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How successful will be Trump’s anti-Iran SWIFT network card?

After pulling out of the landmark 2015 nuclear deal with Iran in May 2018, the United States is due to take the most draconian measure against the Islamic republic. After November 5, the country will be reimposing hefty sanctions on Iran, with an aim to halt its oil exports. Washington has been targeting Iran’s financial system, with an aim of isolating it from the global financial community. It has been pressuring the Belgian-based financial messaging service SWIFT, which intermediates the bulk of the world’s cross-border dollar-denominated transactions, to cut Iran from the system, as it did before the nuclear deal, in 2012. On Sunday, the Treasury Secretary, Steven Mnuchin also confirmed it by saying that the US is already working on disconnecting Iran from the SWIFT network, unlike the 2013 Iran blockade by Obama.

He said that this would make it harder for countries to get waivers on Iran oil sanctions. Besides, Mnuchin also dismissed concerns regarding the potential rise in oil prices, saying that the market had already factored in the output losses.

As reported by Reuters, the US Treasury Secretary said that countries would have to reduce their purchases of Iranian oil roughly by more than the 20 per cent level they did from 2013 to 2015 to get waivers.

“I would expect that if we do give waivers it will be significantly larger reductions,” said Mnuchin.

He also said that in order to achieve the US goal, the US Treasury was already in negotiations with SWIFT network on disconnecting Iran. His comments came two weeks before the Trump administration reimposes oil and financial sanctions against Iran.

The threats from Steven Mnuchin also confirmed that the Trump administration could impose penalties on SWIFT unless it disconnects from Iran, even though the US does not hold a majority on its board of directors.

He also gave assurance of the objective, which is “to make sure that sanctioned transactions do not occur,” whether it happens “through SWIFT network or any other mechanism.” The Treasury Secretary said that their goal is to ensure that the sanctions are “enforced.”

Steven Mnuchin also predicted that the sanctions will lead significantly impact the Iranian economy, as major companies exit the market with the fear of US retaliations. He said that the impact can be seen already, but his expectation is to witness “a significantly larger impact,” after the sanctions go into place. He also remarked that “the economic squeeze will be very big over the next two years.”

On the other hand, Iran believes that for the remainder of Trump’s term it can stave off severe economic damages from the US sanctions. However, the fact is that the Iranian currency has dropped in the black market in anticipation of the enactment of US sanctions, as the economy has slowed down substantially.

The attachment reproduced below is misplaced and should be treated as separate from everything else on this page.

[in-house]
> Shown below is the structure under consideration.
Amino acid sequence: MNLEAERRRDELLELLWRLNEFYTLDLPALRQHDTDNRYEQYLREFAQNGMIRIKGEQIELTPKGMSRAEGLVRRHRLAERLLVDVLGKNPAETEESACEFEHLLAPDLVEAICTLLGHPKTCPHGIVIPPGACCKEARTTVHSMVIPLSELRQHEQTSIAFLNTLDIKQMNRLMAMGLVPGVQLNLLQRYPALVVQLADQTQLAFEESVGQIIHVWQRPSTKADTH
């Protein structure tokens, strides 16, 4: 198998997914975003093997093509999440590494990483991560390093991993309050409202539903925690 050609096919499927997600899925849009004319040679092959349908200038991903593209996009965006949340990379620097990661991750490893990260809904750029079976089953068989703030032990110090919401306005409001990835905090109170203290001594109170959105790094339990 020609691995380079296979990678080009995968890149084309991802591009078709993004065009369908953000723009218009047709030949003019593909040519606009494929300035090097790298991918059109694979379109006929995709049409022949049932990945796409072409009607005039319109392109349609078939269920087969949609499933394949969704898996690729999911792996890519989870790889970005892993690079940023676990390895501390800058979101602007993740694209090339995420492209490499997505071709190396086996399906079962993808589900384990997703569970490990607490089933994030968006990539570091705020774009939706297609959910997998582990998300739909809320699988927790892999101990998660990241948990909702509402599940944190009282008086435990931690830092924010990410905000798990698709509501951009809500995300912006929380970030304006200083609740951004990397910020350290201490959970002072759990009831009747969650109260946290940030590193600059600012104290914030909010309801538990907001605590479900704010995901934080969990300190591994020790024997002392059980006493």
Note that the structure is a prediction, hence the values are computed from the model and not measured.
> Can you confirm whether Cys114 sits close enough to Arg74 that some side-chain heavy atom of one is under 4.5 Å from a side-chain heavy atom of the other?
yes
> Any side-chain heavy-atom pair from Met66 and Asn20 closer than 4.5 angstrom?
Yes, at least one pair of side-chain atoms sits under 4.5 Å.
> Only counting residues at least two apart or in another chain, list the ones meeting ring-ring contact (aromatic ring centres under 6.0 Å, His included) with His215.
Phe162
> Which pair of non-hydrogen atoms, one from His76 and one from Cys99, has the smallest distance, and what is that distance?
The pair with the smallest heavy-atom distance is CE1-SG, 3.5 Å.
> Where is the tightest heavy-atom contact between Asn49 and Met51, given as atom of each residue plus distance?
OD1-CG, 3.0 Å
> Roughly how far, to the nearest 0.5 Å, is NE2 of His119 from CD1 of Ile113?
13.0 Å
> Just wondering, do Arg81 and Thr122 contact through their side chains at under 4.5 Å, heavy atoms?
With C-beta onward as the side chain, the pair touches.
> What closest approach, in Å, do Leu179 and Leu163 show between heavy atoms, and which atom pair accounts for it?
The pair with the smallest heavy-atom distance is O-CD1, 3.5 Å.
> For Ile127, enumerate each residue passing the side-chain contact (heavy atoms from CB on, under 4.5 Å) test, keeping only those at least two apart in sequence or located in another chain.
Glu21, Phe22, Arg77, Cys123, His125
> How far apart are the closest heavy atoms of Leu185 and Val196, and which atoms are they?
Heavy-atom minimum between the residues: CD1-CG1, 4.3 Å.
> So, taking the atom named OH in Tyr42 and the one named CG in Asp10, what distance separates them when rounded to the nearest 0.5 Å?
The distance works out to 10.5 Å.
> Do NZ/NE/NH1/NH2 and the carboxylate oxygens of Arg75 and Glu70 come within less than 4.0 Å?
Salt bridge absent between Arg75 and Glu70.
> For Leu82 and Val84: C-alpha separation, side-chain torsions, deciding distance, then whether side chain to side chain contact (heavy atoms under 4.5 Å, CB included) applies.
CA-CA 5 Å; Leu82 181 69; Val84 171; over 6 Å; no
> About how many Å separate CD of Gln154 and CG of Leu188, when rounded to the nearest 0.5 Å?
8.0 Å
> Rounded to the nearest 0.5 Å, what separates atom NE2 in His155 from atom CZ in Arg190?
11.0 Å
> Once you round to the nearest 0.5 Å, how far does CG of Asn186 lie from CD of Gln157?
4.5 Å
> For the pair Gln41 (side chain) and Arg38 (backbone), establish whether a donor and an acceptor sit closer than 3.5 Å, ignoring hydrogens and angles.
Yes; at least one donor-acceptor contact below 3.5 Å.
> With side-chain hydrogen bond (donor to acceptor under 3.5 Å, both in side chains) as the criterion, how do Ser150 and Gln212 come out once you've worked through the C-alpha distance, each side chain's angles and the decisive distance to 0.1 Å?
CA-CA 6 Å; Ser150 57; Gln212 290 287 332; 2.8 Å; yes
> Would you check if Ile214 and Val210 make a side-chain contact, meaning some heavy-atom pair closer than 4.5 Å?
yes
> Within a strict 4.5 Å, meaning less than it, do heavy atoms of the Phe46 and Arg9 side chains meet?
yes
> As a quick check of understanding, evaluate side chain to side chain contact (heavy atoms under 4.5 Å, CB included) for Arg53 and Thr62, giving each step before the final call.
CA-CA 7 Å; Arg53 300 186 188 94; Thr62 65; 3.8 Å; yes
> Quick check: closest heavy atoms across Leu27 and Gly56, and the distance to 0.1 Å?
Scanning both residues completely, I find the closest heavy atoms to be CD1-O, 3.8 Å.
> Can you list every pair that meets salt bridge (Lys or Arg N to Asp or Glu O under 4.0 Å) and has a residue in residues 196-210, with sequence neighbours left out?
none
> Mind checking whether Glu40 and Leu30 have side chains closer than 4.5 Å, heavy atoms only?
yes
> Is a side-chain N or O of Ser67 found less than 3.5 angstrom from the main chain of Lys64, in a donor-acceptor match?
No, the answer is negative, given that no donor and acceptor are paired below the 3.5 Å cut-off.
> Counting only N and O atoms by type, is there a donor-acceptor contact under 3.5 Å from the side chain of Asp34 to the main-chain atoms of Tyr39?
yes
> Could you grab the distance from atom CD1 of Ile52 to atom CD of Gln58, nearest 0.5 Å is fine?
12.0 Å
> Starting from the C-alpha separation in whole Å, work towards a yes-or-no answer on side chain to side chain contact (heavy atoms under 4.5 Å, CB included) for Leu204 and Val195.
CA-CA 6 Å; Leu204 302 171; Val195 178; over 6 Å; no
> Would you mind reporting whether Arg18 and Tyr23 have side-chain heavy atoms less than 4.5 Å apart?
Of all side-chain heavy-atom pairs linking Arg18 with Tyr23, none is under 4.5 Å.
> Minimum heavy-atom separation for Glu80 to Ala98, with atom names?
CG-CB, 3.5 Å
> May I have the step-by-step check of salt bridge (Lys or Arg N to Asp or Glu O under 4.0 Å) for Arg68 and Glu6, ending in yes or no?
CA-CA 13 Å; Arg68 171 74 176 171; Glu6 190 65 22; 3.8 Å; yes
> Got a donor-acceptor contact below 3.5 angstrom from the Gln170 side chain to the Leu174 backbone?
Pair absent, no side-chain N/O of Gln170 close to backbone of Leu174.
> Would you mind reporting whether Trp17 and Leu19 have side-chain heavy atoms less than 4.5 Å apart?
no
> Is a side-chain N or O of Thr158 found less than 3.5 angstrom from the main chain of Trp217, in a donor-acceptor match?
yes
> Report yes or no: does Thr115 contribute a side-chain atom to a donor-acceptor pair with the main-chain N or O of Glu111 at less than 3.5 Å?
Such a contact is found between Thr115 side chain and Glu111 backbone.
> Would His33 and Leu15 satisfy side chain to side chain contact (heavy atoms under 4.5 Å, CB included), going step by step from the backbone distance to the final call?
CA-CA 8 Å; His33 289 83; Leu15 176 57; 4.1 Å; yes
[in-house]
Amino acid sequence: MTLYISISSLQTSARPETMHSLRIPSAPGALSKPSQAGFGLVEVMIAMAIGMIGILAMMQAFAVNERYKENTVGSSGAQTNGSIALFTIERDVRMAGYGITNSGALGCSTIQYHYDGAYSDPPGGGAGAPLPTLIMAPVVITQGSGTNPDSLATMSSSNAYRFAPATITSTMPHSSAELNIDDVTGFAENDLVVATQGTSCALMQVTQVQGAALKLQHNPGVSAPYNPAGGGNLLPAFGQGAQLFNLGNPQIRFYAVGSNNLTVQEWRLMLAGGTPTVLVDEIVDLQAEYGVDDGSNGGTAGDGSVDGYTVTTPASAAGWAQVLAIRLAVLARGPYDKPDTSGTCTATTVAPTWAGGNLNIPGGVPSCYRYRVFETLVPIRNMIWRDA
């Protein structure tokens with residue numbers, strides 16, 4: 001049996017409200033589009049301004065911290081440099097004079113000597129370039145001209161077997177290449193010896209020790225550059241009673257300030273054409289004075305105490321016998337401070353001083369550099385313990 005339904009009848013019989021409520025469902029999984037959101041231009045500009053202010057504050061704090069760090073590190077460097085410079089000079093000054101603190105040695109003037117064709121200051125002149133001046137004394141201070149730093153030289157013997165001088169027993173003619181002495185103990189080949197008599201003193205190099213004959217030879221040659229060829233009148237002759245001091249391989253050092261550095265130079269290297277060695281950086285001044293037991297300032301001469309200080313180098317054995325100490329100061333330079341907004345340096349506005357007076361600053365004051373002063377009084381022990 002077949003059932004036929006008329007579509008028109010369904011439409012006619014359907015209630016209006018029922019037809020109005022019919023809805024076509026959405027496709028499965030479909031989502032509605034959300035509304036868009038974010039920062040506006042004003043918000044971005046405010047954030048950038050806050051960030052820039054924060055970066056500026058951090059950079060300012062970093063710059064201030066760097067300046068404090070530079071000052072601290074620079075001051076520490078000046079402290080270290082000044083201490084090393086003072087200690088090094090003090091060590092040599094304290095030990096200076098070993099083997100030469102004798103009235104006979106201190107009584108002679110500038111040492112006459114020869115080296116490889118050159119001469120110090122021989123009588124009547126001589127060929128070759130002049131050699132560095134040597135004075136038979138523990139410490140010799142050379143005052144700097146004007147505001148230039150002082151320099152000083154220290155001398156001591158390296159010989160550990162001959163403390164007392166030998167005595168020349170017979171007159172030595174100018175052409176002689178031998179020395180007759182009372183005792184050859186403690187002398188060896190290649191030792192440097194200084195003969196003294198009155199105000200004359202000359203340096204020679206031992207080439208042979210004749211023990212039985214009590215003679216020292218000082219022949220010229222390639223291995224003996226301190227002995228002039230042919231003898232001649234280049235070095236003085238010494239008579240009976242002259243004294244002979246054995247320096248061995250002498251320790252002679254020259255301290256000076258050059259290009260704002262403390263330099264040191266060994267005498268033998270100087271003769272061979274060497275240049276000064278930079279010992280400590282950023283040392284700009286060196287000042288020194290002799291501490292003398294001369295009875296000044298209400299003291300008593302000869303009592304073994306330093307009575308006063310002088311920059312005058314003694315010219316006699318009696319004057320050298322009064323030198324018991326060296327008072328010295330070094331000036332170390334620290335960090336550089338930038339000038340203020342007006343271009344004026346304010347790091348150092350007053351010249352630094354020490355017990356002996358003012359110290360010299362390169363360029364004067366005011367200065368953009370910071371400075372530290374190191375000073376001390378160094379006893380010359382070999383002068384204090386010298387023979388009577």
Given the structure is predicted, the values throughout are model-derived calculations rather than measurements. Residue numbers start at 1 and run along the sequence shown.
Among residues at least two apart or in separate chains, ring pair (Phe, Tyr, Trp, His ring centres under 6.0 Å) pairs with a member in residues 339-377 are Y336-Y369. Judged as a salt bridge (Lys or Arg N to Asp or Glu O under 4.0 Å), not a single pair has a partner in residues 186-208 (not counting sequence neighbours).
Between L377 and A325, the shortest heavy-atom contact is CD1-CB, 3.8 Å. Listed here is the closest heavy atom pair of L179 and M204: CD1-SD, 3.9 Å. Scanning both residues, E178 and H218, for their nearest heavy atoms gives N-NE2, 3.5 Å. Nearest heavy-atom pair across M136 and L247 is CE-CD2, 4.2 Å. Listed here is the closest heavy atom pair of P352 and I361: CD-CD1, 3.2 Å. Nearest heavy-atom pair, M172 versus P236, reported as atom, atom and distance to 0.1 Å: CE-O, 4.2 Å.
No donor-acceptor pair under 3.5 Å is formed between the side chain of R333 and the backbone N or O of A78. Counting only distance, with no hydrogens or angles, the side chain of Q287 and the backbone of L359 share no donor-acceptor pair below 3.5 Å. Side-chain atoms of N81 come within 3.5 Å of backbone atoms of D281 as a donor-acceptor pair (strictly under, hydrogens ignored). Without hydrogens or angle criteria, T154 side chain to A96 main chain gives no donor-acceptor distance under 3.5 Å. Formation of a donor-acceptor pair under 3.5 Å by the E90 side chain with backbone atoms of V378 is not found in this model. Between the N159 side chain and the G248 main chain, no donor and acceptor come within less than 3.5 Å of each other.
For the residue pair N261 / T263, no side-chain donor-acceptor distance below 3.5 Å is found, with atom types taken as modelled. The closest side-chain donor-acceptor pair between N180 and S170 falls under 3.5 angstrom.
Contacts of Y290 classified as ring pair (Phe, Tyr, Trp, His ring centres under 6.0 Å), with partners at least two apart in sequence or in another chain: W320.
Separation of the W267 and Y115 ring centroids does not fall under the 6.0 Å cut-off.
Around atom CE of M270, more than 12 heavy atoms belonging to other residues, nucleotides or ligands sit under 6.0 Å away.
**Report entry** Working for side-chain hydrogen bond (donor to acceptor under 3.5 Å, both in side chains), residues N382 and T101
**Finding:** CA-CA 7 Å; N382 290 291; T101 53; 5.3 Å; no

The top leaders in Iran have lashed out at Washington for intensifying the economic blockade on the country. The Iranian supreme leader, Ayatollah AliKhamenei condemned the US sanctions as economic “sabotage,” making specific mention of diaper shortage, in a speech in early September.

Meanwhile, the Trump administration is afraid that Russia could help Tehran evade US sanctions by buying up Iranian oil and reselling it as its own. A senior administration official said that they would be discouraging Russia for even “considering” this idea, and that it would be in its best interest to not “facilitate Iranian evasion of US sanctions.”

Steven Mnuchin informed that the Treasury Department would be working in identifying the banks that would be allowed to cess transactions for humanitarian funding to Iran,“as quickly as possible,” including all those banks that would be isolated.

On the contrary, the European nations are seeking to ensure at least one Iranian bank stays connected to the world. French senator Philippe Bonne carrere said that the European efforts to help Iranians, despite the US sanctions is “difficult but it’s possible.”

While the United States is making all its efforts isolating Iran from the rest of the world, the analysts have predicted that due to the sanctions, the oil exports of Iran could fall by as much as two-thirds, straining the oil markets.

While the United States strategizes to remove large volumes of Iranian oil from the market, shielding the consumers from higher prices of oils will only depend on the ramp-up ability of other producers, mainly Saudi Arabia.

Will the US be able to successfully isolate Iran from the world market? Will Iran just wait for the Trump to get dethroned or will it do something to save its economy? The impact of SWIFT network card is though debateable currently.

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